The corset went the way of the dodo during World War I, when all of the metal required to produce the medieval torture device (I mean undergarment) was needed instead for the weaponry. Enter the modern day brassiere, which, rather ironically, can sometimes feel like a type of weapon itself. Since its invention, the bra has been padded, coned, memory-foamed, diamond-encrusted, and even made of bacon. And yet the quest for perfection goes on. No matter how comfortable or flattering the iteration we’ve found, we still delight in tossing it onto a bedside table at day’s end. We count the moments until we can finally go braless for the night.
Still, whether A-cup or L-cup, the bra is a part of female reality, uniting us in collective awe (a strapless that stays!) and collective hatred (an underwire that pokes!). So I don’t expect it to ever disappear entirely from women’s wardrobes. And I’m not suggesting we burn our laciest (and in some cases, priciest) pieces.
But since yesterday was Christmas day, and you’re supposed to give presents at Christmas time, I am suggesting we give ourselves the gift of a bra vacation (or make it our New Year's resolution to do so!). After all, you don’t have to be a Free the Nipple ambassador to appreciate the feeling of a chest unrestrained. If this truly is the most wonderful time of the year, we’ll find a stocking in which to stuff the cups. Here, in no particular order, are the reasons why:
1. BETTER-LOOKING BREASTS
At least, that’s what this 15-year study out of France suggests. A professor who measured the nipple height of 320 women (insert jokes here) found that those who consistently went sans support not only drooped less, but actually perked up more. A possible explanation? There are ligaments in your ta-tas that help keep age-related sag at bay, but if you don’t allow them to do their job — because you’re always relying on a bra to do it for them — these ligaments eventually get pissed and quit! (OK — they simply become less effective, but pissy breast tissue is a much funnier image.) In other words, if you don’t use it, you really do lose it.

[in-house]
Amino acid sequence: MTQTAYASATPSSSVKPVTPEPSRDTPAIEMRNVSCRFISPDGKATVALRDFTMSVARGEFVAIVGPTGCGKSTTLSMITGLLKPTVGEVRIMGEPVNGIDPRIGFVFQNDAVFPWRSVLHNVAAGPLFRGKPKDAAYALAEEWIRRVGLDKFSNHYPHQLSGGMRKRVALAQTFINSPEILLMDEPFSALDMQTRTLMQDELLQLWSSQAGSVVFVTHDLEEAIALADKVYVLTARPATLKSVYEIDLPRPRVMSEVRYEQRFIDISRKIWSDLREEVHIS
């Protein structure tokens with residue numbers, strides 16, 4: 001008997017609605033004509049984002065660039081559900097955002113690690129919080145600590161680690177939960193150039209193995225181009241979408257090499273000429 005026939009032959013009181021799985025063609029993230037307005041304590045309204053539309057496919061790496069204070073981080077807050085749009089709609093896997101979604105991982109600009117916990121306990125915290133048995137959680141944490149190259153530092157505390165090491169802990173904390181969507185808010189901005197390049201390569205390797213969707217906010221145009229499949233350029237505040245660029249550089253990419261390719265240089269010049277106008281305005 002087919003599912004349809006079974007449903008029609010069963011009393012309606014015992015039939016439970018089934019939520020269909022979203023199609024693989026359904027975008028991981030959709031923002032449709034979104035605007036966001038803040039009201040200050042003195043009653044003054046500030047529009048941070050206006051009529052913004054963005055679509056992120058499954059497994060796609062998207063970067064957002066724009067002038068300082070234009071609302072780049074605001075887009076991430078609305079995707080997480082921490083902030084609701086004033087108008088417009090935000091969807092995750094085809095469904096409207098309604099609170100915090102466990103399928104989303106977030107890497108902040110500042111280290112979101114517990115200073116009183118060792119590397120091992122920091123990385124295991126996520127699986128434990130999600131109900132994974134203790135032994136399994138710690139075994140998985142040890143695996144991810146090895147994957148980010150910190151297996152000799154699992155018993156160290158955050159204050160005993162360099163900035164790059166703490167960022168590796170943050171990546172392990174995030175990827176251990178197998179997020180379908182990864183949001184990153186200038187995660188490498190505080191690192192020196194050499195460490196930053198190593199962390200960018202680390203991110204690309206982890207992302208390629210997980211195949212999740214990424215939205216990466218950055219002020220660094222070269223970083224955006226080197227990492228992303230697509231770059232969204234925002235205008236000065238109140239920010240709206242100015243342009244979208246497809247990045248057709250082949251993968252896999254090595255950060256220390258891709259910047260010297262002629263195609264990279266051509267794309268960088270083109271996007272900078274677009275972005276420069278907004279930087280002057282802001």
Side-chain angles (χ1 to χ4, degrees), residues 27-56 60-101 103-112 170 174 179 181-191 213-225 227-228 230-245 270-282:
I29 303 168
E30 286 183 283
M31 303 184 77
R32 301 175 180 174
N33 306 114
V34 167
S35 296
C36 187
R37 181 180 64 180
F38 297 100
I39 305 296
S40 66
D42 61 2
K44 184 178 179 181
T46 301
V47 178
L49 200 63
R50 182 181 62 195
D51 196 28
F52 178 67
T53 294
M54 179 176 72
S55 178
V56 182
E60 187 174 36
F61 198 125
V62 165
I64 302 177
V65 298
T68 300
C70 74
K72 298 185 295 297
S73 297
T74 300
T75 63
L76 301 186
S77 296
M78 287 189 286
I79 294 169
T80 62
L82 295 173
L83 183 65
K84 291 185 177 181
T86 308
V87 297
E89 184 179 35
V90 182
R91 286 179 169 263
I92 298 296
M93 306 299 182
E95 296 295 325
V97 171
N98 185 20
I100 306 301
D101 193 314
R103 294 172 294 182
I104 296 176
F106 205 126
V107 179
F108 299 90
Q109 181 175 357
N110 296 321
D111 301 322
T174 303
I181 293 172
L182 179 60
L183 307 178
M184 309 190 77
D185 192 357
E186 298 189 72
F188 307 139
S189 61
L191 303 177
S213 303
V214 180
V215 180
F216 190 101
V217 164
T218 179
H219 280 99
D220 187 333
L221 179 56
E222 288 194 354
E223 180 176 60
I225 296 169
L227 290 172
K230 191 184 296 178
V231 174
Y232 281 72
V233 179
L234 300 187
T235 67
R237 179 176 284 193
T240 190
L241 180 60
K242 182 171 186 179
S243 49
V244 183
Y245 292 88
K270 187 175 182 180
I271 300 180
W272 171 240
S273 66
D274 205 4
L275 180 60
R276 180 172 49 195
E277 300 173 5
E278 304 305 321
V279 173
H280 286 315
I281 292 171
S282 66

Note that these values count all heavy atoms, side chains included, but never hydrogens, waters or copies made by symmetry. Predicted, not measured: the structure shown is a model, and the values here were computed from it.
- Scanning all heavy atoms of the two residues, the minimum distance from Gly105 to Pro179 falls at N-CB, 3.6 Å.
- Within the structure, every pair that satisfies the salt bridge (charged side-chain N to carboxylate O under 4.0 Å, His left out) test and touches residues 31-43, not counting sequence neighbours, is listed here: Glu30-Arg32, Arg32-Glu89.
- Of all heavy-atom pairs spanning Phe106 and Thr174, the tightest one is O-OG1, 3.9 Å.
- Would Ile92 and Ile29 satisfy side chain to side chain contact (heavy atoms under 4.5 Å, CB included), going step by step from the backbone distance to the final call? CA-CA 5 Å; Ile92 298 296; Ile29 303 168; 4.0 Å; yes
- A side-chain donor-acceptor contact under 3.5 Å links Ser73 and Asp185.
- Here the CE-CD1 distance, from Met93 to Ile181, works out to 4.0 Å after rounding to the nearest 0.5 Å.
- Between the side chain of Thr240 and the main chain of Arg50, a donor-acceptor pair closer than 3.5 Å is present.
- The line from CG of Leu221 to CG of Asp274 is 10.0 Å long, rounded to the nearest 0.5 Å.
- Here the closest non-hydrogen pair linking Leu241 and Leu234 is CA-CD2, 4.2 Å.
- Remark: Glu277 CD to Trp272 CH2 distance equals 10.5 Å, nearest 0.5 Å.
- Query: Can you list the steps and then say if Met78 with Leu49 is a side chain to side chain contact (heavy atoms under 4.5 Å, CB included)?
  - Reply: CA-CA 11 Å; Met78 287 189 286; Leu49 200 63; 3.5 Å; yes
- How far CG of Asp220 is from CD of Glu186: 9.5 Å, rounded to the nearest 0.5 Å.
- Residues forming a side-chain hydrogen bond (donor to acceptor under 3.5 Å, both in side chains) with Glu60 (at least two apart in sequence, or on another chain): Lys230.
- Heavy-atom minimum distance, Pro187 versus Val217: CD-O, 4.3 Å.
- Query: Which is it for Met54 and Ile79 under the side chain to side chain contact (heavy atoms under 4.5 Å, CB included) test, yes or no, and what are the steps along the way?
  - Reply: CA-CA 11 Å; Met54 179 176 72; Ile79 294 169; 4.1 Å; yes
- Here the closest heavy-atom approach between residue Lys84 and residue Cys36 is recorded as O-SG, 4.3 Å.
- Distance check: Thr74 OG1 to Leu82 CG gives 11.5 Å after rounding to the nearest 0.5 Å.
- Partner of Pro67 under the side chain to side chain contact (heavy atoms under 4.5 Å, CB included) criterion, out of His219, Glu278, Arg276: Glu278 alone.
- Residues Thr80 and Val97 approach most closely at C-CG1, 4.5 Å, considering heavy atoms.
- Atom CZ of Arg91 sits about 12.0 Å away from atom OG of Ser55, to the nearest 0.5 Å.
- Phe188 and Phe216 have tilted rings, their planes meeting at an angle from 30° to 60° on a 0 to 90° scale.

2. TOUGHER BREASTS
Being continually coddled by lacy unmentionables means your aerolas have become circular little sissies more susceptible to pain. This is especially bad news for women hoping to — ouch — breastfeed.
3. MORE MONEY
The average lingerie collection costs $621 (and that’s if you haven’t splurged on a $20,000 sports bra). This is cash that could buy 21 pairs of these high-rise boyfriend jeans, or another item people will, you know, actually see.
4. LESS PAIN
While the bra/breast cancer link has been largely debunked, wearing the wrong size bra — which approximately 80 percent of women do — does cause back aches, neck aches, and breast aches, and it can even have a detrimental effect on posture. You could get measured, finagle your straps, readjust your hooks, and then be careful never to gain or lose a couple of pounds or accidentally throw an undergarment into the dryer… or you could burn the damn thing altogether.
5. MORE (REAL) CONFIDENCE
Push-up bras make women feel 75 percent more confident, or so say University of Manchester researchers who were independently commissioned by a lingerie brand hoping to capitalize on the “Super Egoboost Bra.” But here’s the thing: what this study didn’t cover is the self-assurance women also draw from things like career accomplishments, familial ties, and their own strength of character. A little bit of padding pales in comparison, so why not focus on cultivating the less-removable kind of ego boost?
6. LESS TO MATCH
Maybe women in the UK have this whole coordination-of-undergarments thing down, but I am not a woman in the UK. Matching is not my forte, and I’d rather not feel badly about it every time I get dressed. Sure, I could go on a hunt for a garment that’ll pair with my Charlie Brown undies, but he’s a good man that Charlie Brown… all on his own.
7. AND THEN THERE'S THIS
A recent study has discovered that male rats prefer mating with female rats who are wearing special rat-sized bras, meaning the animals have learned to associate certain types of clothing with sexuality. This may be fine for rodents, but I’d like to think that human men (the non-rat versions) are evolved enough to recognize how beautiful the female form is without the bells and whistles of, say, a crystal-encrusted girdle. Seriously.
Images: Fotolia; Giphy